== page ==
So that is why you paint – to go beyond the photograph with your personal expression of the poetic landscape (or what ever your thing is).  One good reason,  anyway.

Sometimes it seems that things and/or thoughts are presented to you by some unseen spirit and you can’t help but think it must be meaningful.  Kismet.  Destiny.  Some amazing global consciousness!  Why else would all of these things come together at the same time?

Yes, I’m looking for answers and finding the ones that suit me but so are many other people which is validation enough for me.  Because after all, I do need to justify my obsession and insanity.

This Way to the Beach

This Way to the Beach

This Way to the Beach – 6×8 oil on panel

Using very visible brush marks and staying away from detail – Done!

Yesterday I was very non-communicative, keeping everything inside as usual.  My apologies – especially to myself! Here’s what I meant to say:

This path to the beach is on Jupiter Island, FL and really does have the perfect “S” shaped path that is a must component for a perfect composition.

(Read Edgar Paynes book: “Composition of Outdoor Painting” for other great compositional tips.)

The “S” shape leads you into the painting and makes your eye wander around.  In this case it wasn’t something I made up – I found it there while driving down the road to the beach on the north end of the island.  It’s private property so I couldn’t just pull over and paint.  But, I usually just snap a picture so that I can paint it later when presented with a situation like that.  Actually I also will take many pictures for later reference even if I’m on location painting.

Painting from photographs is a challenge because the camera doesn’t duplicate what we see with our eyes.  However, there are two things that are good about photographs – one you can take your time with the painting because the light won’t be changing and second you can view the picture on your computer screen and it’s a fairly good replication of outdoor light.  The one thing I modified immediately was to not include the “for sale” sign in front of the bushes.  Next I decided that in order to compensate for the unruly shadows produced by the camera I would paint in a lighter range, something I’m working on in general.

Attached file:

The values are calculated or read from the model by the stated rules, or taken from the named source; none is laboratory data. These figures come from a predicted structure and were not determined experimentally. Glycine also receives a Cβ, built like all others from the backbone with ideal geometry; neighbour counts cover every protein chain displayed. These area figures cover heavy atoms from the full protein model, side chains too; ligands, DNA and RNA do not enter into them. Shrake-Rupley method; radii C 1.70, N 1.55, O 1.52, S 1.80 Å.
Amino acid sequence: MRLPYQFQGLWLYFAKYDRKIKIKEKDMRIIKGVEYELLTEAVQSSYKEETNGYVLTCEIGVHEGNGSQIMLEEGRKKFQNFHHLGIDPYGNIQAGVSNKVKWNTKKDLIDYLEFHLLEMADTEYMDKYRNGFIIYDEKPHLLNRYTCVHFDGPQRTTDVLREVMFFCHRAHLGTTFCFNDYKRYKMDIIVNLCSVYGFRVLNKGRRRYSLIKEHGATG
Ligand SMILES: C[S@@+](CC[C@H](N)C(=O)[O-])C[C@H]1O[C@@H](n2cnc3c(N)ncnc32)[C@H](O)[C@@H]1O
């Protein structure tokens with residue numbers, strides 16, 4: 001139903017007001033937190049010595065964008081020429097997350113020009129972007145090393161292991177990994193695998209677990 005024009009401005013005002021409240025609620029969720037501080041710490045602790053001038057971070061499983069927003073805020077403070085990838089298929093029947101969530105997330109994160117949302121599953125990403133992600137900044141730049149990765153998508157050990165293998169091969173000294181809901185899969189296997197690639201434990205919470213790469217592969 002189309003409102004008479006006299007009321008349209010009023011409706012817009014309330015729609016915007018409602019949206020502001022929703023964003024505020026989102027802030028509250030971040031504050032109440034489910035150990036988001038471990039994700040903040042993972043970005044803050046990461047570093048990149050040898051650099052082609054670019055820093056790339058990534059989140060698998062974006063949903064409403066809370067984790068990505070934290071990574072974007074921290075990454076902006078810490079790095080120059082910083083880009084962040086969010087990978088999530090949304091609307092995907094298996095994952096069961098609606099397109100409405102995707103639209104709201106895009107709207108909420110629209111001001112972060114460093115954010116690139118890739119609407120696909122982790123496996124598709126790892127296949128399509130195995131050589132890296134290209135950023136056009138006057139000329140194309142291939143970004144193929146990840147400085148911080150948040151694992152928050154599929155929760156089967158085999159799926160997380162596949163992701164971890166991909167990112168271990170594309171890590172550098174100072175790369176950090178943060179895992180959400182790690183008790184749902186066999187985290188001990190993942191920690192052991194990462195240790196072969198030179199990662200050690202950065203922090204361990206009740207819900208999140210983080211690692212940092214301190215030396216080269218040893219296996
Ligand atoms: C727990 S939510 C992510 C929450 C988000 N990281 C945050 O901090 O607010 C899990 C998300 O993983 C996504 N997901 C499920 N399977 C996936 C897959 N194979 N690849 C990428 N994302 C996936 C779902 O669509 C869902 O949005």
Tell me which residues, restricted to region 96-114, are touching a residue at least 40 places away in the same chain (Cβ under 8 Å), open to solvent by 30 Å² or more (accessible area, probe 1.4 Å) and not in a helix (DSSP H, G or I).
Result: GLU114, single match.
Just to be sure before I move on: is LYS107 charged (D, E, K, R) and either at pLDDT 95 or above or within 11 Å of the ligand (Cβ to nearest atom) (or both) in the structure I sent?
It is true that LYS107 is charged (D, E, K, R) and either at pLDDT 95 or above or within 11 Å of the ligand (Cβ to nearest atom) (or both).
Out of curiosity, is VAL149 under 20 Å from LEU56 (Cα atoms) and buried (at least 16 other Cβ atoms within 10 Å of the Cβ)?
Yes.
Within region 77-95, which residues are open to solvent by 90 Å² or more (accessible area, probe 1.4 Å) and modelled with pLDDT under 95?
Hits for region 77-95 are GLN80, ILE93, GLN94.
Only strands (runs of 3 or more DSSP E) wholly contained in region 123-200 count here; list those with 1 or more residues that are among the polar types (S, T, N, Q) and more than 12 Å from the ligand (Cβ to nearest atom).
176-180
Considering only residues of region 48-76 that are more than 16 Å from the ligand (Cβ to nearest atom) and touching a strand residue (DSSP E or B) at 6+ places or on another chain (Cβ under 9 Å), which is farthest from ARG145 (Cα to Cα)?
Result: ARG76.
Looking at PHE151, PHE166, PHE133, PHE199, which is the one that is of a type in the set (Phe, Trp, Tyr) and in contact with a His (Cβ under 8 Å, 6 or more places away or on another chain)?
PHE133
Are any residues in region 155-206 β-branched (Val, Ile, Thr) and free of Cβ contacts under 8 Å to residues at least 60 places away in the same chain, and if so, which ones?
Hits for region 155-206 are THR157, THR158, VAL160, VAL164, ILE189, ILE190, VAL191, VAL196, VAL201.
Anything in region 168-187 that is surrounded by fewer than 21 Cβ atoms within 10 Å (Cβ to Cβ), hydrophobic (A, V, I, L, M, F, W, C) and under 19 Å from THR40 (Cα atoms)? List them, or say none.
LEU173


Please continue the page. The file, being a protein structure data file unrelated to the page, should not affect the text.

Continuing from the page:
Chorus Line

Chorus Line
Chorus Line, 8x10 Oil on Panel

The practice of setting up a small still life and limiting the time you spend on it has been around for a long time and it’s a practice that I enjoy.  Some of the most inspiring subjects are in the produce department and I find myself there testing the bartlet pears quite often.  Most people might be looking for softness, ripeness, but my tests are: can the pear can stand on it’s own, is it a shapely pear, and of course, how good is the color?

Once they’re home with me, I set them up with dramatic lighting, as if they are on stage!  With this painting my goals were to improve my brush work and to keep the colors light and appealing.

Using a bristle flat brush is greatly improving my brush work since it holds more paint and the marks are showing how luscious the paint is.  The pears were juicy and luscious, so they should be depicted that way.  My palette is a simple rainbow palette that I’ve been using for years but I’ve lightened things up now, reminding myself to stay in the higher value range.

The Soloist - 5x7 oil on panel

This guy needed his portrait painted and didn’t have anything to do with that other group.

Thanks to the sale a Jay Mar, I’m stocked up on canvas now and will be painting more still lifes in the near future.

My collection of thrift store finds will be a future series of paintings and great composition practice.

Feel free to give me feedback or ask any questions in the comments section and thanks for looking!



Hiatus in Hobe Sound

Since I’ve been in the process of regrouping and trying to get back to normal, what ever that is, I’ve taken the opportunity, as I usually do, to study and improve my technique. This usually applies to my brushwork and color mixing in oils. Not that I don’t work on my pastel technique also, but there seems to be less need for improvement and I usually approach pastels with a more adventurous attitude and will experiment more, possibly using new products. With oil I’ve gotten in the habit of using the painting knife too much and sort of lost touch with my brush work. Therefor I’ve been restricting the use of the knife to color mixing only!

The best way to study, for me anyway, is to do small still lifes and small landscape studies. My plan is to begin posting these and try not to get too hung up on how finished they look.

Since I haven’t photographed any of these paintings yet, but will soon, I’ll just put up something here that inspires me.

White City Water Lilies
White City Water Lilies

This was painted on location in White City, FL.

A bit of news that I can share is that I’ve been juried in to the Women Painters of the Southeast recently and look forward to participating in that group in the future. Go check them out, I’m in great company.